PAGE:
Mechanism of Umeshu and Japanese Fruit Wine-1


Umeshu, plum wine and other Japanese fruit wine are easy to make. If you understand how they work, you can make more delicious plum wine without making mistakes.


Wine but NOT Wine

Japanese Umeshu or Kajitsushu is called fruit wine in English. However, its mechanism is quite different from that of normal wine.

Normal wine uses fermentation by yeast. On the other hand, we just pickling fruits into liquor for making Umeshu or Japanese fruit wine.

It is very easy to describe in writing. And when you actually make it, it is very easy. However, something very profound is happening. Let’s take a scientific look at how it works.

Actors are Fruit, Liquor, and Sugar

The process of making Umeshu or fruit wine is very simple. Simply put the fruit, rock sugar, and alcohol in a clean bottle and let it mature, that’s it.

Only three actors play roles in the story of Umeshu: the fruit, the liquor, and the rock sugar. And this umeshu story is in three parts.

Part I: Fruit Meets Liquor

What happens when preparing umeshu or fruit wine? Let’s take a step-by-step approach.

First, fruit and liquor meet. When the fruit meets the liquor, the liquor osmoses into the fruit. Then, the fruit swells up.

In a word, what is happening between the fruit and the liquor is the liquor osmoses the fruit. Since we are here, let’s take a closer look.

The key words here are semipermeable membrane and osmosis.

Cell Membrane is Semi-permeable Membrane

Fruits are made up of many cells. Each cell is surrounded by a skin called a cell membrane. In fact, the skin has many small holes in it.

Smaller particles (molecules and ions) than the holes in the cell membrane can move in and out of the holes. In other words, they can freely move in and out of the cell. On the other hand, particles that are larger than the holes in the cell membrane cannot pass through them.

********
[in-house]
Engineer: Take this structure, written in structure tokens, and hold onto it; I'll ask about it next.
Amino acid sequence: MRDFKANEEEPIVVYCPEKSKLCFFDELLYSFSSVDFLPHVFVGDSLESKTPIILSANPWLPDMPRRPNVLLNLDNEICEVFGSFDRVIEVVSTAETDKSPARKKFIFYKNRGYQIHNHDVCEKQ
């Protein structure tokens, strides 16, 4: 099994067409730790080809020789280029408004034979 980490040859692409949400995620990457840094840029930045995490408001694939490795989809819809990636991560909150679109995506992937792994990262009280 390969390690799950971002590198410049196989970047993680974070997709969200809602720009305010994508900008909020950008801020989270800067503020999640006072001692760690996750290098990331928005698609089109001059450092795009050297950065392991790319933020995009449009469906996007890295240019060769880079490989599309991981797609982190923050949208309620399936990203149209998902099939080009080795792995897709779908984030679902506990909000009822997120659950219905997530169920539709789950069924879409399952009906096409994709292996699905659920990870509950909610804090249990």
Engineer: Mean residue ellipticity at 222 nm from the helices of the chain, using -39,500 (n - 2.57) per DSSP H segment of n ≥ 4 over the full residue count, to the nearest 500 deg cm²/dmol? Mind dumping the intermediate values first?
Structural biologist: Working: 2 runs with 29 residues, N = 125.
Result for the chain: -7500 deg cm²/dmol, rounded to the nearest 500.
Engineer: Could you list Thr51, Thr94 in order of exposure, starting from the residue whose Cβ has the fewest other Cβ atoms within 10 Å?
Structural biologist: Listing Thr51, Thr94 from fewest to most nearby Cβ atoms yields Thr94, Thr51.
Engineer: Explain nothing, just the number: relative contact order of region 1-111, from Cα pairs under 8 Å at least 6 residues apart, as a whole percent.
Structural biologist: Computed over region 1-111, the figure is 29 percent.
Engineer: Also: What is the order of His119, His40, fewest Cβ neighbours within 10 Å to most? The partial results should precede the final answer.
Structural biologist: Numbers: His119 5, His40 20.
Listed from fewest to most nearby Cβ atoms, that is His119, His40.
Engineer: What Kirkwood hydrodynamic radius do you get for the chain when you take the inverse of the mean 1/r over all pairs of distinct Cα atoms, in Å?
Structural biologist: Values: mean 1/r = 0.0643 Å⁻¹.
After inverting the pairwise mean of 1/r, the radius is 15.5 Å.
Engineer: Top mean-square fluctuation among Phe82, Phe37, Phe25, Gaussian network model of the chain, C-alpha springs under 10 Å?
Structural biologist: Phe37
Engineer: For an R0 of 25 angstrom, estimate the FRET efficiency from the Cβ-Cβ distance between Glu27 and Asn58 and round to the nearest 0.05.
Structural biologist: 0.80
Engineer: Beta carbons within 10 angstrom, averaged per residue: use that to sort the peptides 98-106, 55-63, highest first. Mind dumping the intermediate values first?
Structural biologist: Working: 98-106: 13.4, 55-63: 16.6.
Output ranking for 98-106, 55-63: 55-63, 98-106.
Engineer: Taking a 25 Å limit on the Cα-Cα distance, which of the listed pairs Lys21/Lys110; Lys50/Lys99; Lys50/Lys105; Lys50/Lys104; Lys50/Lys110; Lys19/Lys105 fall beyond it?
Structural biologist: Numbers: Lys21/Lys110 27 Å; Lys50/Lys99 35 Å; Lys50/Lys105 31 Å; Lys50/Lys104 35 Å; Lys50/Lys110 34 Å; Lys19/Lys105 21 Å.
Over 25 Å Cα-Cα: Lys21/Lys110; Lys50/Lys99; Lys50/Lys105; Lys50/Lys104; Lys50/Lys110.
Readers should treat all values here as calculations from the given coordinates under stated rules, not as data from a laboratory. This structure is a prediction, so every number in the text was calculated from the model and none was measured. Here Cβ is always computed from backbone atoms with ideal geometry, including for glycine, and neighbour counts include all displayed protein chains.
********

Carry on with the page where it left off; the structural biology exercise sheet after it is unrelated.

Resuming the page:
Thus, a membrane that has holes of a certain size and allows only particles up to a certain size to pass through is called a “semipermeable membrane. In other words, the cell membrane is a semipermeable membrane.

To understand how the semipermeable membrane works, let us first consider the full permeable membrane, which allows anything to pass through.

Diffusion Occurs in a Full Permeable Membrane

What happens when we place different concentrations of solutions across a membrane that allows anything to pass through it?

The red membrane in the center is the total permeable membrane. Since the size of the hole is larger than the △, the △ moves to the right side and the whole area has the same concentration.

In the figure below, there is a lot of △ dissolved on the left side. On the other hand, there are almost no △ on the right side. Since this △ is smaller than the hole in the total permeable membrane, it can move freely between the left and right sides. As a result, the △ on the left side moves to the right side, resulting in the same concentration on both sides.

This movement of the particles in the solution to move freely and make the concentration uniform is called diffusion.

Strictly speaking, both left-to-right (→) and right-to-left (←) movements exist. In this case, however, there is more left-to-right movement. Therefore, in total, we can think that the movement is only from left to right.

Diffusion Does Not Occur in Semi-permeable Membranes

So what happens if we place solutions of different concentrations across a semipermeable membrane and let them touch each other?

The purple membrane is the semipermeable membrane. The hole is smaller than the △, so the △ cannot move to the right side.